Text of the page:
# What applications does the quantum gate [(i,1),(1,i)] have?

I've been working through the great introduction to quantum computing on Quantum Country. One exercise there is to find a possible quantum gate matrix that is not the $$X,I$$ or $$H$$ matrix.

I thought of $$B = \frac{1}{\sqrt2}\begin{bmatrix}i & 1\\1 & i\end{bmatrix}$$. However, I cannot find any article / paper mentioning this quantum gate.

From what I understood, all quantum gates must be $$2\times2$$, unitary matrices. I have even checked whether $$B$$ is indeed unitary, and yes, it is.

Why does this gate $$B$$ not have any useful applications? Or is it just not a valid gate?

• It's a fine question that deserves an answer longer than a comment, but not all quantum gates need to be $2\times 2$ - similarly, not all classical gates need to be two-input (think of an AOI - and/or/invert - gate). The Toffoli gate is $3\times 3$. They do have to be reversible, as in unitary, however. Commented May 20, 2019 at 1:38
• @MarkS As a point of note with respect to the Toffoli gate, that's a three-qubit operation, such that its unitary representation is a $2^3 \times 2^3$ operator. Commented May 20, 2019 at 3:51
• I must say that it's a weird exercise. There are infinitely many possible single qubit quantum gates that are not $X$, $I$, or $H$. We don't even need to delve into two-qubit or three-qubit operations. Commented May 20, 2019 at 7:59
• @ChrisGranade thanks! Sorry for the blunder. Commented May 20, 2019 at 12:25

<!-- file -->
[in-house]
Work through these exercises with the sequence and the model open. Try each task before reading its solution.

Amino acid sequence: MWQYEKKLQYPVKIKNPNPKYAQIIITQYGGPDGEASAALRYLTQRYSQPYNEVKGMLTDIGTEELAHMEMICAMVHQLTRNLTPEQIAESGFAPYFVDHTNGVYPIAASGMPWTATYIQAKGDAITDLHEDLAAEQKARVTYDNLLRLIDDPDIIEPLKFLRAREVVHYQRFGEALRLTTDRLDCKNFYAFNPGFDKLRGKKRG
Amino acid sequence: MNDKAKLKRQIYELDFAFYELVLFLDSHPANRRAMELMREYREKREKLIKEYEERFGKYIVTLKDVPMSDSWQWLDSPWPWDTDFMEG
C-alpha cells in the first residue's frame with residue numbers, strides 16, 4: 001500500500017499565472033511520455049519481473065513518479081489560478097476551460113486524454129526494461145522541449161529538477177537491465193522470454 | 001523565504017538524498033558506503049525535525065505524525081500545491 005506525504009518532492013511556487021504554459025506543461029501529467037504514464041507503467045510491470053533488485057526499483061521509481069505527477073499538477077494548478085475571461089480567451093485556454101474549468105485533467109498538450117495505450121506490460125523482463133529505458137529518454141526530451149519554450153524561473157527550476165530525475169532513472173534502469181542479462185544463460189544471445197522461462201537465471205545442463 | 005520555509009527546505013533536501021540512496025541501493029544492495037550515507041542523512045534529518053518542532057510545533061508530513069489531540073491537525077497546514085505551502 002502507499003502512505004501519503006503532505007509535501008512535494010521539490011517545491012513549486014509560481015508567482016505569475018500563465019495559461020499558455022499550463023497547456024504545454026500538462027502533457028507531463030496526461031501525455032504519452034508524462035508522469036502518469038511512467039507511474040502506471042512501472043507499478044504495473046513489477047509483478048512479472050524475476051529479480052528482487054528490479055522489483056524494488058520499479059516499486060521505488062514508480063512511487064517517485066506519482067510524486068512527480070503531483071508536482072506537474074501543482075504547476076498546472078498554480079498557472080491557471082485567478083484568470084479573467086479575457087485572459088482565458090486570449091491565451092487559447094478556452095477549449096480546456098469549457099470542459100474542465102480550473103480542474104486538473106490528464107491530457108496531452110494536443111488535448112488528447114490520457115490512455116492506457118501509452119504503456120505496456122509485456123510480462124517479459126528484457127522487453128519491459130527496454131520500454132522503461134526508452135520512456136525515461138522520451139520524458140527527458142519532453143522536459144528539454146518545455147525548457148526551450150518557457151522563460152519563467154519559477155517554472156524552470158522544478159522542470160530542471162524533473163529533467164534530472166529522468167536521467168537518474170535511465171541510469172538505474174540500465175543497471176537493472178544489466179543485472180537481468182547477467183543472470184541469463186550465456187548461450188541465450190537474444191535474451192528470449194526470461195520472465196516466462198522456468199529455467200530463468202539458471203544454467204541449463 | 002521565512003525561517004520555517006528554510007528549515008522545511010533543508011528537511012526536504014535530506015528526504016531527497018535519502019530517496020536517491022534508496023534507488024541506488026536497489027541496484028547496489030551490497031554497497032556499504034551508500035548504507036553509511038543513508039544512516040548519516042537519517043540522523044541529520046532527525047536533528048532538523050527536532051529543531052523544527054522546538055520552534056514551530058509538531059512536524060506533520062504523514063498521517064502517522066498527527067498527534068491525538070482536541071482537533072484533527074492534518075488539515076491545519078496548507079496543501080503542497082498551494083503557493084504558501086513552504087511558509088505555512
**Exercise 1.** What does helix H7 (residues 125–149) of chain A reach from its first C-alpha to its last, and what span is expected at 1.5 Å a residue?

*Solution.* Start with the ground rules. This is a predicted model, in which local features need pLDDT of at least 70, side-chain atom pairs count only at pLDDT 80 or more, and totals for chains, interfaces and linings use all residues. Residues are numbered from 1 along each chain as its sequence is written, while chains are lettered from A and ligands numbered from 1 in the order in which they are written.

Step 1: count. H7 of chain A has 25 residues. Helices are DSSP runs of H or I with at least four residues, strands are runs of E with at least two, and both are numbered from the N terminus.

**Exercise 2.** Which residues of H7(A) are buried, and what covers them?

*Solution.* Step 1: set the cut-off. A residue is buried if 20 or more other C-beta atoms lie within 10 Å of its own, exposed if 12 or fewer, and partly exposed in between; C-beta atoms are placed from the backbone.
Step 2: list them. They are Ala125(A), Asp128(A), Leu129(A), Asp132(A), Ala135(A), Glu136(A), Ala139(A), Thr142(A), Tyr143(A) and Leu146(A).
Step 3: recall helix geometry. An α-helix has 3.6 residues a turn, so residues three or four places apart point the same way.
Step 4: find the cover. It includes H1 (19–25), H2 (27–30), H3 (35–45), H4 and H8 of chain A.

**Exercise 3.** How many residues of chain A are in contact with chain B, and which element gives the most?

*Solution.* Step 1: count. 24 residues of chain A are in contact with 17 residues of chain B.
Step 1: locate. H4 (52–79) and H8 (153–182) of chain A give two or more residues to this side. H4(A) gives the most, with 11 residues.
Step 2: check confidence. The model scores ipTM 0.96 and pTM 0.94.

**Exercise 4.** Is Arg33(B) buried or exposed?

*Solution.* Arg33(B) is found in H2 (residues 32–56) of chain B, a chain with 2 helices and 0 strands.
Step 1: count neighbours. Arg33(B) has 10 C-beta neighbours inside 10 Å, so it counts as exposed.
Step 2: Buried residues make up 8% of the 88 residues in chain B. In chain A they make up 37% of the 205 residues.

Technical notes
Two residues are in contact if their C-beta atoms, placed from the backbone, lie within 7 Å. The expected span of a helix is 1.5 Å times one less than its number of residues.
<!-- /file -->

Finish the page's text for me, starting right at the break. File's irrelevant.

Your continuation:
That's not the right way to look at it. In quantum mechanics, time evolutions are considered to be unitary and any unitary evolution can be written as a sequence of unitary operators $$U_1, U_2, U_3,\ldots$$ acting on a quantum state $$|\Psi\rangle$$. Any single-qubit unitary operation is a $$2\times 2$$ matrix of the form:

$$U=\begin{pmatrix}a&b\\-e^{i\phi}b^*&e^{i\phi} a^*\end{pmatrix}, |a|^2+|b|^2=1.$$

In your case, $$a=\frac{i}{\sqrt{2}}$$, $$b=\frac{1}{\sqrt{2}}$$ and $$\phi=\pi$$. Now, $$B$$ isn't one of the "popular" quantum gates like the Pauli or the Hadamard, but that doesn't mean it can't be a valid evolution operator! The Hadamard and the Pauli are generally chosen because they have some neat properties; for instance, the Pauli matrices form a basis for all $$2\times 2$$ Hermitian matrices. For more, read the Wikipedia pages on Hadamard matrix and Pauli matrices. Moreover, note that some gates can be easier to engineer than others; I had written an answer about this before. Also see: Why do we use the standard gate set that we do?.

So for drawing quantum circuits we generally try to choose a universal gate set that's also relatively easy to physically implement. Now any unitary evolution can be replicated with an $$\epsilon>0$$ precision, with a sufficient number of elementary quantum gates which form a universal set. Niel de Beaudrap also wrote a nice answer on this topic. Perhaps, as an exercise, you can try to write the $$B$$ gate in terms of the elementary quantum gates listed here?

If you notice carefully, $$\sqrt{\operatorname{NOT}}=\frac{1-i}{\sqrt{2}}B$$. That is, $$B$$ differs from the $$\sqrt{\operatorname{NOT}}$$ (or $$\sqrt{X}$$) by a simple phase factor! Thus, $$\sqrt{\operatorname{NOT}}$$ and $$B$$ are essentially the same gate cf. Norbert Schuch's answer. For a physical implementation of $$\sqrt{\operatorname{NOT}}$$ check Jones, Hansen & Mosca (1998).

I suggest playing around with it a bit on Quirk. The Bloch sphere intuition should help:

You see, both $$\sqrt{X}$$ and $$B$$ rotate a qubit state around $$\hat{x}$$ by $$90^{\mathrm{o}}$$, albeit with different phase factors.

• Another way to notice that $B = e^{i\phi} \sqrt X$ is by noticing that $B^2=iX$. Same thing, just a different way of writing it that I found easier to spot Commented May 20, 2019 at 12:38
• @Mithrandir24601 you made a typo $B^2=iX$ not $iX^2$. Commented May 20, 2019 at 19:39
• Whoops... I've fixed that now... Commented May 20, 2019 at 21:37